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Ruth Bader Ginsburg back working and "cracking jokes" after breaking ribs, nephew says

U.S. Supreme Court Justice Ruth Bader Ginsburg during a talk at Stanford University on February 6, 2017 

CBS San Francisco

Supreme Court Justice Ruth Bader Ginsburg is "up and working" in the hospital, her nephew said Thursday night, a day after the 85-five-year-old fractured three of her ribs in a fall. Speaking at the premiere of a film about Ginsberg, Daniel Stiepleman said the justice was in good spirits.

"The last I heard she was up and working, of course, because what else would she be doing, and cracking jokes," Stiepleman said, according to Reuters.  "I can't promise they were good jokes but they were jokes."

The court's oldest justice fell Wednesday evening, the court said. She called Supreme Court police to take her to George Washington University Hospital in Washington early Thursday after experiencing discomfort overnight, court spokeswoman Kathy Arberg said.

She was admitted to the hospital for treatment and observation after tests showed she fractured three ribs.

In her absence, the court went ahead Thursday with a courtroom ceremony welcoming new Justice Brett Kavanaugh, who joined the court last month. President Donald Trump and new acting Attorney General Matthew Whitaker were on hand.

Ginsburg has had a series of health problems. She broke two ribs in a fall in 2012. She has had two prior bouts with cancer and had a stent implanted to open a blocked artery in 2014. She also was hospitalized after a bad reaction to medicine in 2009.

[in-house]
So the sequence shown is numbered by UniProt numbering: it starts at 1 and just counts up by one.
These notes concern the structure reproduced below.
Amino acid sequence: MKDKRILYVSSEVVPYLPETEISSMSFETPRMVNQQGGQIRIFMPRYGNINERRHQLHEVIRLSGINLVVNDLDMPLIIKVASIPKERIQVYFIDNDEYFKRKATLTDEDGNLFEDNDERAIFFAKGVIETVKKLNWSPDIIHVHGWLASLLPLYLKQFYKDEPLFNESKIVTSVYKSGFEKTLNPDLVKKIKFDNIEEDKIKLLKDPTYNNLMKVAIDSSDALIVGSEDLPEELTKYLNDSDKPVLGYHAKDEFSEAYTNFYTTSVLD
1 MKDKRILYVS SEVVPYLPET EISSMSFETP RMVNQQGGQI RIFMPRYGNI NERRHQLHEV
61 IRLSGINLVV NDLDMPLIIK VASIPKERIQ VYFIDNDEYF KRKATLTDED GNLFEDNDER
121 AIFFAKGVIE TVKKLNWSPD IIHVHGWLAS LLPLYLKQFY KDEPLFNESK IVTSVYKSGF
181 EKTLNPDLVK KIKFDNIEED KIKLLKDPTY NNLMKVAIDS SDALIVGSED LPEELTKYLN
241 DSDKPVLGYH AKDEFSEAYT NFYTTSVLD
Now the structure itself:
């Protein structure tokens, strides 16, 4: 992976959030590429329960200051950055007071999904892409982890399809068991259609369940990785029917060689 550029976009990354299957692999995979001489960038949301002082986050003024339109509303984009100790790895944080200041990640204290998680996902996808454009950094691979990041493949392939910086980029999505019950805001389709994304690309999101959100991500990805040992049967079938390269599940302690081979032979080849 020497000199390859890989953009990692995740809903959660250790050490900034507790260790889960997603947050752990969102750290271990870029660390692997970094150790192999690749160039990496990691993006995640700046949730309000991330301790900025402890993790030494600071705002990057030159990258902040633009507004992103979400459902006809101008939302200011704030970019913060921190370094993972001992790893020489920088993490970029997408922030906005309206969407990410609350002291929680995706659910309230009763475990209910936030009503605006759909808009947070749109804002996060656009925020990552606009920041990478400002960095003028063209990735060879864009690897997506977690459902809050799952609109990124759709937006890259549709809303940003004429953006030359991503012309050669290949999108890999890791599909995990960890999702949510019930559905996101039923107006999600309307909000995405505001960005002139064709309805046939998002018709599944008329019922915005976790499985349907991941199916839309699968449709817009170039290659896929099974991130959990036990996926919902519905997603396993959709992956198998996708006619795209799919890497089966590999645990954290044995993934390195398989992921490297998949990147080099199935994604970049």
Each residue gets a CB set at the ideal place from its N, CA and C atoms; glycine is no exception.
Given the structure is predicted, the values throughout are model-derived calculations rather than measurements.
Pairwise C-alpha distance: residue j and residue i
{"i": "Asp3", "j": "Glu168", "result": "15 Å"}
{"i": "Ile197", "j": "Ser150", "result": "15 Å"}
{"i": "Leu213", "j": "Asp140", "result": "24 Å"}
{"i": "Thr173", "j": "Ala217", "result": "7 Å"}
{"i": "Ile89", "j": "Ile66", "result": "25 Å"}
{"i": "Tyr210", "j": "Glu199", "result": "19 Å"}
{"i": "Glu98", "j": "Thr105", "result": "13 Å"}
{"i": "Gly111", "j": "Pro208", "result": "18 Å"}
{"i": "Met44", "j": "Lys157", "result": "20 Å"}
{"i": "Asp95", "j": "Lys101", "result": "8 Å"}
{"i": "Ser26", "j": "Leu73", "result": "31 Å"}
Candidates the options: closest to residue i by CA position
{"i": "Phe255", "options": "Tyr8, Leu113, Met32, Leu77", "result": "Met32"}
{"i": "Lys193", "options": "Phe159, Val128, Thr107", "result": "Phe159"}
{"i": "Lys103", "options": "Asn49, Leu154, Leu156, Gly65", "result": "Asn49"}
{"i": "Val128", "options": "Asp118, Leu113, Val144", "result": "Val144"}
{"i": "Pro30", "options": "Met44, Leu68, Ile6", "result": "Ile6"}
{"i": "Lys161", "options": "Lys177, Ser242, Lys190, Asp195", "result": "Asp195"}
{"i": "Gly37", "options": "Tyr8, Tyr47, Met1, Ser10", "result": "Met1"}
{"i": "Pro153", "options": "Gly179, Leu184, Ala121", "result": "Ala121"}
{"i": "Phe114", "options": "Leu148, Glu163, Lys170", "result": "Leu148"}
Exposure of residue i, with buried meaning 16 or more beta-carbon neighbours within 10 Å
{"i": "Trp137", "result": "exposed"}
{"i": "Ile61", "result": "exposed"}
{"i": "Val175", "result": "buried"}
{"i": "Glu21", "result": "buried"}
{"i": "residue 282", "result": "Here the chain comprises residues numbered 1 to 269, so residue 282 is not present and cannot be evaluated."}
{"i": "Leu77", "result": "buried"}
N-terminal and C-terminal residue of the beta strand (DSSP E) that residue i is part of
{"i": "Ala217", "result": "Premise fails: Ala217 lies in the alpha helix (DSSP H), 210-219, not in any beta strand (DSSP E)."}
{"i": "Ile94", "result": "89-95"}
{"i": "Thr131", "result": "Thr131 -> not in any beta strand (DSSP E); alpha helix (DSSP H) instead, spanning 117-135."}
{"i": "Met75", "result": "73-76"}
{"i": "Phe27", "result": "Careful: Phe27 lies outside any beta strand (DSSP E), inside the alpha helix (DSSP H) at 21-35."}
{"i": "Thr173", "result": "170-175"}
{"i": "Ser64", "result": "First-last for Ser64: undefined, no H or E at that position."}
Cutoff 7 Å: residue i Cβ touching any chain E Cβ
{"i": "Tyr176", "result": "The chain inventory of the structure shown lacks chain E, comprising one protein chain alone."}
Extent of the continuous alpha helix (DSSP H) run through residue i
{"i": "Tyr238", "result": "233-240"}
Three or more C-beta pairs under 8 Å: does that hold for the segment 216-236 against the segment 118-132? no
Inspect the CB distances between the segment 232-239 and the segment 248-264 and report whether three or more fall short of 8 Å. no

But she has never missed Supreme Court arguments. The court won't hear arguments again until Nov. 26.

This type of injury tends to be painful because the ribs move with each breath, said CBS News chief medical correspondent Dr. Jon LaPook, who is not involved in Ginsburg's treatment. "Generally, it just really hurts," he said, but the injury "should get better, if there are no complications." One risk is that shallow breathing caused by pain can lead to the lungs not expanding to a normal extent, which can lead to pneumonia, LaPook said.

Appointed by President Bill Clinton in 1993, Ginsburg rebuffed suggestions from some liberals that she should step down in the first two years of President Barack Obama's second term, when Democrats also controlled the Senate and would have been likely to confirm her successor.

She already has hired clerks for the term that extends into 2020, indicating she has no plans to retire.

Ginsburg leads the court's liberal wing.